Editor’s Note: Neag School faculty and local educators recently celebrated a two-year project with local school districts to provide professional development on math instruction in response to new Common Core standards. The following story covering the celebration first appeared on the Manchester (Conn.) Public Schools website in September 2015.
Arguments in school are not always appropriate and thus not always encouraged.
But some math teachers in Manchester, Conn., are insisting that their students thoughtfully and deliberately construct arguments as they analyze and defend their classwork.
“The ability to justify conclusions with evidence and critique the reasoning of others is critical for proficiency in mathematics,” said Dr. Santosha Oliver, Manchester’s director of teaching and learning for science, technology, engineering, art and mathematics.
Oliver was among a group of educators from Manchester and two other school districts who joined representatives from the University of Connecticut on Monday for an event celebrating a yearlong project focused on using argumentation in math instruction.
The program, officially called “Bridging Practices Among Connecticut Math Educators,” was a Math-Science Partnership grant funded by the state Department of Education and also involved schools in Mansfield and Hartford.
“I think it’s very appropriate that we celebrate,” said Oliver, who said she “truly believes” that teachers and numeracy coaches involved in the project are now among the best in the state as far as developing students’ capacity to engage in active mathematical discourse through the lens of argumentation.
Mathematical Practice 3 (MP3) is part of the Common Core and refers to “constructing viable arguments and critiquing the reasoning of others” in mathematics.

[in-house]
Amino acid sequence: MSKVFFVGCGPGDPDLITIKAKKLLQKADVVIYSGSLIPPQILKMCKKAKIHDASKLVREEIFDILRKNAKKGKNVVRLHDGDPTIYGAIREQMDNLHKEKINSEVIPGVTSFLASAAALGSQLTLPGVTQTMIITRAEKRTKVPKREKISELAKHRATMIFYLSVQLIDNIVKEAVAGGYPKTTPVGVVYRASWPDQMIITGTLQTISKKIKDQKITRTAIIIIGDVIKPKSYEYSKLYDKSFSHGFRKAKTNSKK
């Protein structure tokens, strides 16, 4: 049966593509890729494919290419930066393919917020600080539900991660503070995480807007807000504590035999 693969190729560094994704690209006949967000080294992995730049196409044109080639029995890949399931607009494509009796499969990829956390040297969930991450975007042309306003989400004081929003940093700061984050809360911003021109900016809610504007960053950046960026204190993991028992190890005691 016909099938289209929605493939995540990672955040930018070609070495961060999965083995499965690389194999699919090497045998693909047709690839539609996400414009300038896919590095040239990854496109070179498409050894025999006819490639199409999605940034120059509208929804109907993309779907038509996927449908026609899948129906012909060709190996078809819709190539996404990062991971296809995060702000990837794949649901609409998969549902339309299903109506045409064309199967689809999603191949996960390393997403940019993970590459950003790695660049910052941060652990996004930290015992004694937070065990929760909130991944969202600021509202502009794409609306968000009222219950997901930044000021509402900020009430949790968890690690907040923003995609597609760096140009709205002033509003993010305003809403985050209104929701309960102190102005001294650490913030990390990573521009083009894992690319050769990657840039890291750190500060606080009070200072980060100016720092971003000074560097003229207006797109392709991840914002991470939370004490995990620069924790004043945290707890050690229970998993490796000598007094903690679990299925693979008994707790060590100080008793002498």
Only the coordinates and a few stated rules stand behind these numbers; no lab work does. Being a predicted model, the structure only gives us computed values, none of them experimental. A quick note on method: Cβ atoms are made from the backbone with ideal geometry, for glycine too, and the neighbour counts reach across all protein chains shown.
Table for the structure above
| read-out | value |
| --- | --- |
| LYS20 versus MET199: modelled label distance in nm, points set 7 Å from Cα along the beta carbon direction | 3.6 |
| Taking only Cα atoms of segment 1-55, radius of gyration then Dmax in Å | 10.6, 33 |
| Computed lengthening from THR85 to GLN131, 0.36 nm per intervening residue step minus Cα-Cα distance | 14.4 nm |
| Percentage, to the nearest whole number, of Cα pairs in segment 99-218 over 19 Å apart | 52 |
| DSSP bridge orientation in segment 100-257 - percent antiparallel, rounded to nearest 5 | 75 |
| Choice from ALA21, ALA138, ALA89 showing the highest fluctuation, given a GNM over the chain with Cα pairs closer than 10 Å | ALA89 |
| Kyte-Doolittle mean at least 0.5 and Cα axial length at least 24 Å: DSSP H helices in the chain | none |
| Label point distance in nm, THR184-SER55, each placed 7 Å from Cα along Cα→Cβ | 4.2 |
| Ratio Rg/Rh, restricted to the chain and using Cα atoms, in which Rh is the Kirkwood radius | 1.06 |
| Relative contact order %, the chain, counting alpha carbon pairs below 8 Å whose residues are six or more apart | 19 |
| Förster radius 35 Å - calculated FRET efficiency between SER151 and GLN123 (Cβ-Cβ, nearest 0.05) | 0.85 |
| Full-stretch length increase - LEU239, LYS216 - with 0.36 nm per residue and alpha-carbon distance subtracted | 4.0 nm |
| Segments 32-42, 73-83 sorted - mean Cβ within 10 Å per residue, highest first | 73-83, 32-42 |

“Argumentation is really about vetting ideas,” said Megan Staples, an associate professor of mathematics education at UConn’s Neag School of Education, who gave an initial overview to the crowd gathered at MCC on Main.
She said argumentation also involves coming to consensus, evaluating arguments and deciding about the truth of mathematical claims.
(Incidentally, Staples is married to Parag Joshi, who is a Social Studies teacher at MHS and was the creator last year of a popular Truth Seminar course.)
After Staples’ overview, there were a series of workshops and presentations, during which time teachers shared stories and student work from the 2014-15 school year.
Last year, 13 master’s students from UConn’s Neag School of Education had internships in the partnering schools, where they worked with math teachers. UConn also had doctoral candidate students involved in the program.
Laura Kowaleski, a fifth-grade teacher at Highland Park, said she and others in her professional learning community met about once a week with Steve LeMay, who is pursuing his PhD in the mathematics department.
“We looked at student work, and developed a lot of tools and tasks,” said Kowaleski.
LeMay noted that these “mutual discussions” gave him insights that have informed his graduate work. He said that historically, there has been a great deal of attention paid to pedagogy – that is, the practice of teaching – but not as much to actual content itself. He added that he is intrigued by the gap that exists between what students know and can do after they graduate high school, compared to the challenges that await in higher education – and he believes that collaborative ventures such as this one can help bridge that gap.
As for the presentations?
Kowaleski and Highland Park colleague Grace DeAngelis gave one called “Showcasing 5th-Grade Tasks and Student Work.”
Other presenters from Manchester were:
- Diane Ozmun of Martin: “Utilizing the Talk Frame to Promote Student Discourse.”
- Kylie Hoke, Buckley: “Posing a Question to Promote Argumentation.”
- Sarah Brown, Buckley: “Argumentation in the Fractions Unit.”
- Cathy Mazzotta, Jenn Downes and Jeana Favat, MHS: “High School Argumentation Process.”
- Colleen Litwin (Bowers), Lisa Miner (Buckley) and Kristin Smith (District Numeracy Specialist): “Argumentation Resource Packets.”
- Wendy Vincens (Martin) and Kathleen Hackett (Verplanck): “Second Grade Argues.”
- An’drea Flynn and Christine Giaquinto (Washington), “Introducing Argumentation to Staff”
Oliver said she is hoping that Manchester will be able to extend its affiliation with the UConn project, but noted that in the meantime there are over 200 resources available for teachers to use at bridges.education.uconn.edu. The UConn project artifacts are also available in the K-5 Math Launch Unit Resources.